Think twice before you feel good about using biodegradable plastics, says the United Nations Environmental Programme (UNEP), which argues in a new report that they don't properly break down in places like the ocean.
"The real bottom line is that biodegradable plastics aren't going to be a solution for reducing the impact of marine litter," Peter Kershaw, the report's author, said. "When you see 'biodegradable' on a plastic bag, for example, does that mean if you drop it in the streets, it's just going to disappear? No, it doesn't."
The report, which references the ubiquity of plastic in the seas, says that for some kinds of biodegradable plastic to actually degrade, they need to be in a composter that reaches over 50 degrees Celsius (122 degrees Fahrenheit) for a "prolonged" amount of time.
"Such conditions are rarely if ever met in the marine environment," the report states. The degradation will also be impeded if the plastic is buried in sand or sinks into cooler water.
Kershaw is also concerned that if plastic is marked as "biodegradable," people are less likely to throw it away properly.
Ironically, he said that biodegradable plastics can in some cases complicate recycling. "If you're trying to encourage people to recycle plastics, the last thing a recycler wants, is so-called biodegradable plastics mixed in with mainstream plastics," Kershaw said. One problematic situation is when a common type of plastic called polyethylene has an added compound, which helps it fragment under ultraviolet light.
Conventional, non-biodegradable, plastic, like a soda bottle made out of a material called PET, is highly recyclable, especially when the plastic is clear and there's a monetary value on it, Kershaw said.
Ramani Narayan, a professor in the department of chemical engineering and materials science at Michigan State University, said he generally agrees with the UN report. He's a coauthor on a February study published in the journal Science that found that between 4.8 and 12.7 million metric tons of plastic made its way into the ocean in 2010 from over 190 different coastal countries.
The worst kind of plastic to end up in the ocean, he said, are items like milk jugs, made out of polyethylene, or plastic utensils, made out of polypropylene. That kind of lightweight plastic floats, breaks up, attracts microorganisms, and can enter the food chain.
He pointed out that unlike a composter, the oceans shouldn't be seen as a "disposal environment," and that even if biodegradable plastic enters the ocean, where it's cold, it will degrade very slowly and will remain in the ocean "for long periods of time."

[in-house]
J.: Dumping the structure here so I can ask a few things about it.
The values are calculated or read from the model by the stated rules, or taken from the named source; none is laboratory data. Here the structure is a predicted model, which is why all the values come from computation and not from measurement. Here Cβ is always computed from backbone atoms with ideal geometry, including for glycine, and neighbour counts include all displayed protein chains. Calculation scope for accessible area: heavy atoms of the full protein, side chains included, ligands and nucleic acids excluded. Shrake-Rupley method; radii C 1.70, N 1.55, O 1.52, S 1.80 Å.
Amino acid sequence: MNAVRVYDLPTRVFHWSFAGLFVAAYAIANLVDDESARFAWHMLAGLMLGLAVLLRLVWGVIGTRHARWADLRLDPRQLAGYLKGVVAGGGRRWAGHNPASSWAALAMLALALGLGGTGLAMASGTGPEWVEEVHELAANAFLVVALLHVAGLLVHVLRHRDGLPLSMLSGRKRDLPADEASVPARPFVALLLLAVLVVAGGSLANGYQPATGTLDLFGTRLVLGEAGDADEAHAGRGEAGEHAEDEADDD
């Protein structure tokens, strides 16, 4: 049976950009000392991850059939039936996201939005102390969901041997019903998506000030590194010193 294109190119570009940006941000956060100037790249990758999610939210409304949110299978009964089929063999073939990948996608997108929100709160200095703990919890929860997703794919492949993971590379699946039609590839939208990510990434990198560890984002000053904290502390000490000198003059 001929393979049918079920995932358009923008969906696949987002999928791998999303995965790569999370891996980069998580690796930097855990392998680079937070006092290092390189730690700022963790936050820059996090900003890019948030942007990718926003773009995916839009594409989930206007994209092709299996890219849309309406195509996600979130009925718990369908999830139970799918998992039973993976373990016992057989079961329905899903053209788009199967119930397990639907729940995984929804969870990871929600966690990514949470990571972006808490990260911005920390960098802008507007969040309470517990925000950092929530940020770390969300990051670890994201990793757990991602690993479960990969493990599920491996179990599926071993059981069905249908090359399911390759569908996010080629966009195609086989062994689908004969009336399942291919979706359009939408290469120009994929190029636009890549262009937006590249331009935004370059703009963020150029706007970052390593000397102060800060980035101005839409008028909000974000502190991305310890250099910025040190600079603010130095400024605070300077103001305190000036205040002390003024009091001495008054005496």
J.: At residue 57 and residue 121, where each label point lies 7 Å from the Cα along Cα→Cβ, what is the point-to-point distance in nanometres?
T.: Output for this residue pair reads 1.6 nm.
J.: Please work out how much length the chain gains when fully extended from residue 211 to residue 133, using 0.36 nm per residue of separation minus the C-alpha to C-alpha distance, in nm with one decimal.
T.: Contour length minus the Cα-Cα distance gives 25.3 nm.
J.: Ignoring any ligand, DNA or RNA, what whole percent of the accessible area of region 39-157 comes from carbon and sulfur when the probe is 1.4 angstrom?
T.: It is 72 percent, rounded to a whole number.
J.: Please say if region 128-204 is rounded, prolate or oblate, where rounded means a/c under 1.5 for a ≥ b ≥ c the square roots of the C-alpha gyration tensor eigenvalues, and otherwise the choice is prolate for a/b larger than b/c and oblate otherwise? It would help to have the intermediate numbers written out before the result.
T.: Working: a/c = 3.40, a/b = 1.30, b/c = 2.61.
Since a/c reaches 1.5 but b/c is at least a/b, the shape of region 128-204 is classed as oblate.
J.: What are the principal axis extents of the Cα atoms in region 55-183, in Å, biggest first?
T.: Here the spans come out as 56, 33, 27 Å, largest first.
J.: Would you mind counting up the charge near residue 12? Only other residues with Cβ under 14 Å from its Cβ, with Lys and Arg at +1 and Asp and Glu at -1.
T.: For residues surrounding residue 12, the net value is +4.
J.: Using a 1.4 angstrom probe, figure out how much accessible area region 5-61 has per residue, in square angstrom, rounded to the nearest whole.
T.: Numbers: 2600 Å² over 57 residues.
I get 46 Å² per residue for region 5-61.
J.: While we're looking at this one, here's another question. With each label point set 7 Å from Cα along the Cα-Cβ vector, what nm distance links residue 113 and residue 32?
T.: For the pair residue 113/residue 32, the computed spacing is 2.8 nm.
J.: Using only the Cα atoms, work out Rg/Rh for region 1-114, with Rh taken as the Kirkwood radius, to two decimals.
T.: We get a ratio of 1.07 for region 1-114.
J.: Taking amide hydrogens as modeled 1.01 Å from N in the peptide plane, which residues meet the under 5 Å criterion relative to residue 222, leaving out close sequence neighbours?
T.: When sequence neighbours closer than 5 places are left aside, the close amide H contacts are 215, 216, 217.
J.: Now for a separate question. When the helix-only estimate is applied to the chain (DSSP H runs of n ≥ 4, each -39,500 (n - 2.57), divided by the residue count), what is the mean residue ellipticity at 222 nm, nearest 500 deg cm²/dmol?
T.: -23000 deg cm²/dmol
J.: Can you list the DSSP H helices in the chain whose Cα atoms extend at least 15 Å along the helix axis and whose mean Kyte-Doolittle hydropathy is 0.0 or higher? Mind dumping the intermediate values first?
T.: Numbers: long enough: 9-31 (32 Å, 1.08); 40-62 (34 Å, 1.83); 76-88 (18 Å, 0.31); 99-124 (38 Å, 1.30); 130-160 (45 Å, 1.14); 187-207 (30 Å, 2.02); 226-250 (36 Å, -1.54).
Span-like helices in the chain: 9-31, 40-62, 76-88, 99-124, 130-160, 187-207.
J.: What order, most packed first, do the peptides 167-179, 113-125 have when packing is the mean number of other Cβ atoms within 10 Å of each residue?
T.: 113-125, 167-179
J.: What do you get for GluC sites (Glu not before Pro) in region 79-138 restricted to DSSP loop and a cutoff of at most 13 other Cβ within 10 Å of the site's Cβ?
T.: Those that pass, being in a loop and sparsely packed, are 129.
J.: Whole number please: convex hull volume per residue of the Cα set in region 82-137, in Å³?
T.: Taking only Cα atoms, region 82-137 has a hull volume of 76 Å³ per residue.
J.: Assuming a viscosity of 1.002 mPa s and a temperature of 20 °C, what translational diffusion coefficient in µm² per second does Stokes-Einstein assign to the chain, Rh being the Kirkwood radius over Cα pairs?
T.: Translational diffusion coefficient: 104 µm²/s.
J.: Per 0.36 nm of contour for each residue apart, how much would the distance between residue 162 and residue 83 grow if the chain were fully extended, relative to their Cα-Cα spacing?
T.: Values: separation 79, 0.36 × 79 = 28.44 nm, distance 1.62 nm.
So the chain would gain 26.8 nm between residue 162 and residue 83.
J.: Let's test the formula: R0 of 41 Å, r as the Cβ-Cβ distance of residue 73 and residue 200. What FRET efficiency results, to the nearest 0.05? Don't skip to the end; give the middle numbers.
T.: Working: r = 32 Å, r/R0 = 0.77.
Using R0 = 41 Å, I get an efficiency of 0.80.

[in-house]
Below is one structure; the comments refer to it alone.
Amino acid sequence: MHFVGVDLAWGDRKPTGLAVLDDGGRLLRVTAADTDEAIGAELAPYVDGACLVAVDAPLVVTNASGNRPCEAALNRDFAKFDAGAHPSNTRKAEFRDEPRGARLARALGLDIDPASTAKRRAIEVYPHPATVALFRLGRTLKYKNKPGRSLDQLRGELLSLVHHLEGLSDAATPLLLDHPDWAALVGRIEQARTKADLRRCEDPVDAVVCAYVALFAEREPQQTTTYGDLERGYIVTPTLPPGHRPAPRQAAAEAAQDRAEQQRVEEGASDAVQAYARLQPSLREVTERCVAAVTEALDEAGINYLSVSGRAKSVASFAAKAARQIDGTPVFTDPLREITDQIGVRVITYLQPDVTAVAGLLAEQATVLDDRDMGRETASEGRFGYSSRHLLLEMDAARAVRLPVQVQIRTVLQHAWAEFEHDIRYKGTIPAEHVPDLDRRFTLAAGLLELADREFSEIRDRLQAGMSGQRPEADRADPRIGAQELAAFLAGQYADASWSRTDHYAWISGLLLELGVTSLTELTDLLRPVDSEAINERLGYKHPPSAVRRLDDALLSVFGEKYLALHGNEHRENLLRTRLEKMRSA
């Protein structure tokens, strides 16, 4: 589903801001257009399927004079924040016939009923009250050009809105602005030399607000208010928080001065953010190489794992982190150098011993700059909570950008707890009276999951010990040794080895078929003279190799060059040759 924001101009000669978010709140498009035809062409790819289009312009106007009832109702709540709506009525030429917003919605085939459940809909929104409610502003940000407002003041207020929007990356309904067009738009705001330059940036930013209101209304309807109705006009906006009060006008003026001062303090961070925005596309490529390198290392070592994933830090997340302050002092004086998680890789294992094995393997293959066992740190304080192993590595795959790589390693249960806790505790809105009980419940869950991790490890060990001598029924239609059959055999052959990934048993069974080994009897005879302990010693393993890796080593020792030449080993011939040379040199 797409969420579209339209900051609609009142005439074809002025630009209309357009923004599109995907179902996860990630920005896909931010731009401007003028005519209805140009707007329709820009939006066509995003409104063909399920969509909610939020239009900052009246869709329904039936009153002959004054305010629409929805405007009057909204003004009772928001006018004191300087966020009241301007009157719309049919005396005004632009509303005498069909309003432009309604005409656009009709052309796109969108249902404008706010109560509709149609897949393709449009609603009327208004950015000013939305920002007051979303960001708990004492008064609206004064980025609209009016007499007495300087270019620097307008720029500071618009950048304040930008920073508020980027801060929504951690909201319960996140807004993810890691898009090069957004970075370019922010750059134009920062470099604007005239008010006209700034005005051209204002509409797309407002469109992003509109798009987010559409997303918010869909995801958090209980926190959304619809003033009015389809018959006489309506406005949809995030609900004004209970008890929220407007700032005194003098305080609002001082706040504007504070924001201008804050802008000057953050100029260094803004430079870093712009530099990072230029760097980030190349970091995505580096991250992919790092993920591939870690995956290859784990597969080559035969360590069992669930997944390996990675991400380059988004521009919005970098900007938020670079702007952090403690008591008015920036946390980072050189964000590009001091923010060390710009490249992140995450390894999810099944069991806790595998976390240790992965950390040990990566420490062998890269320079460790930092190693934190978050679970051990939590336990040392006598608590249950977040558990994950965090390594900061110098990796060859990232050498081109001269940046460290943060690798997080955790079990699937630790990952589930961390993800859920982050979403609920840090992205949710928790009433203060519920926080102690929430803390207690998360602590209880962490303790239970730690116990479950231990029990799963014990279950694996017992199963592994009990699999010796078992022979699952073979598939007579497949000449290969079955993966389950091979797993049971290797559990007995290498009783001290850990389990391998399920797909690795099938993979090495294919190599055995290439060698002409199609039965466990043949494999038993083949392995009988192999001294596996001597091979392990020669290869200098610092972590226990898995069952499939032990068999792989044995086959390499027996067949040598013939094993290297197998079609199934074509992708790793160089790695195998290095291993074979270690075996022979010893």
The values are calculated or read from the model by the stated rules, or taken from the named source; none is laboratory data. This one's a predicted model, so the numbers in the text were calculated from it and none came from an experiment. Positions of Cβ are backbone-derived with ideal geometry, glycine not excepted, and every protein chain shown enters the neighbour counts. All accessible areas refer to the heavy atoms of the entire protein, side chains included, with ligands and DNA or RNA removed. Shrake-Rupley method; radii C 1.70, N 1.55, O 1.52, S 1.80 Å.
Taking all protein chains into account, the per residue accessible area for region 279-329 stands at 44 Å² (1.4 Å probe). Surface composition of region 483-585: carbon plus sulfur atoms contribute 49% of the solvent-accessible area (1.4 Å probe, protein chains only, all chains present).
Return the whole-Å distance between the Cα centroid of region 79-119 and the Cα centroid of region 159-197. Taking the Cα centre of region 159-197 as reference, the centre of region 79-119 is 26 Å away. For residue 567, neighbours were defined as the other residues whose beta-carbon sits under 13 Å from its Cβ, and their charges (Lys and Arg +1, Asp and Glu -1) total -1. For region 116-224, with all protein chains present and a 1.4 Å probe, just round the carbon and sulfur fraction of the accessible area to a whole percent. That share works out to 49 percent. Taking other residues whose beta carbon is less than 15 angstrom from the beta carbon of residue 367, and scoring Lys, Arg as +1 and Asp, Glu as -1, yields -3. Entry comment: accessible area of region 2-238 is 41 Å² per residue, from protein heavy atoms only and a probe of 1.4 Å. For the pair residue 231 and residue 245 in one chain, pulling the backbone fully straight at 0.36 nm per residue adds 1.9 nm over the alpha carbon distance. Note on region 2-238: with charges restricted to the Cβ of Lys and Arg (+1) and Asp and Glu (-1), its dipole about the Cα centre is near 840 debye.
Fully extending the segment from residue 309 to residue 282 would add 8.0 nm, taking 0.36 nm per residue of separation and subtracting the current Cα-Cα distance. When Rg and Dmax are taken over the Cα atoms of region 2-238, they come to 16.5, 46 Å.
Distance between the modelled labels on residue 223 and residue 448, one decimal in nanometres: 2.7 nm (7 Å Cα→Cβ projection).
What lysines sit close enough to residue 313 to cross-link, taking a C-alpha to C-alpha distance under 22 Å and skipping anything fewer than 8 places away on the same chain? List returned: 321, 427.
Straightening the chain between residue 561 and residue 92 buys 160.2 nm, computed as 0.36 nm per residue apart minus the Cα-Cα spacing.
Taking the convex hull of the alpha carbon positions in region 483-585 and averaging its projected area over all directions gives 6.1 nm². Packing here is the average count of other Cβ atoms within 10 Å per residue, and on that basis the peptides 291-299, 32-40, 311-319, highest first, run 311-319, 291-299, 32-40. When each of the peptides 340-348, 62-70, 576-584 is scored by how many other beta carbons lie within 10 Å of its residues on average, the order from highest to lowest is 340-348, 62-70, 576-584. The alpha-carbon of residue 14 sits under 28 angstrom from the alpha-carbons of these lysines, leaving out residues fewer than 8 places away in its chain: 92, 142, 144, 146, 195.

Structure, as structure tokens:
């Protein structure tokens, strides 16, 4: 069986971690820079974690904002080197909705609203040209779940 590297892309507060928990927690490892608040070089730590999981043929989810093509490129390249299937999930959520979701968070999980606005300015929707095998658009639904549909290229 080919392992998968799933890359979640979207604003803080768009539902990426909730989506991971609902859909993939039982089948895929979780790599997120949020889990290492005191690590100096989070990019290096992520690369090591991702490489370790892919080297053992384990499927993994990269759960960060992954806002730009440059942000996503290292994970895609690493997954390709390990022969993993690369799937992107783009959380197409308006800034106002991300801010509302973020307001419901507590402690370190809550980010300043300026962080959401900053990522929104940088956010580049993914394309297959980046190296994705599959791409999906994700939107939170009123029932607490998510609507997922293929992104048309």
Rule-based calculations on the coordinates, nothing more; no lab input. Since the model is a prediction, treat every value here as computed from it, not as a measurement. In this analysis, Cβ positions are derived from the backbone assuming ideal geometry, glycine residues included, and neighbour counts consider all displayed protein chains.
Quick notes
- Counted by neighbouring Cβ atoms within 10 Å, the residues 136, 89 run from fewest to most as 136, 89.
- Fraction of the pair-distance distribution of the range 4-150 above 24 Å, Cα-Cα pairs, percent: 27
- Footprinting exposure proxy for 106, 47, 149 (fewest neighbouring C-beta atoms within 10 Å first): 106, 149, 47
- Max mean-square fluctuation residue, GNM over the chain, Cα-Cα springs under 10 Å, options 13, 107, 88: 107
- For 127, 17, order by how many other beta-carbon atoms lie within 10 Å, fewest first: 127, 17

"Therefore, biodegradability as a solution is not the right approach," Narayan said.
However, he added that the right kind of biodegradability could be valuable if a piece of plastic accidentally does end up in the ocean. "Because it will be eventually removed, unlike a regular non-biodegradable plastic which is going to be floating around for ever and ever after," he said. "There is some value in looking at it, but it's not a solution."
He gave the example of a fishing net or a lobster pot, which could become lost in the ocean. Items like that could incorporate the right kind of biodegradable polymer, even if such a kind of plastic isn't in widespread use, he said.
Ultimately, the solution, he said, is good waste management to make sure plastic doesn't get into the ocean.
George Leonard, the chief scientist at the Ocean Conservancy, agrees. He said that biodegradable plastics could have some use as a "targeted applications," specifically with fishing gear, which, when it is lost, has a major impact on the oceans.
But in terms of the big picture, he said, the Ocean Conservancy concurs with the UNEP report.
"If people are looking for biodegradability to be a silver bullet to the problem of ocean plastic, it clearly is not," he said.
"We really think that the solution to plastics in the ocean is not biodegradability," he added, "it's to keep plastics out of the ocean in the first place."
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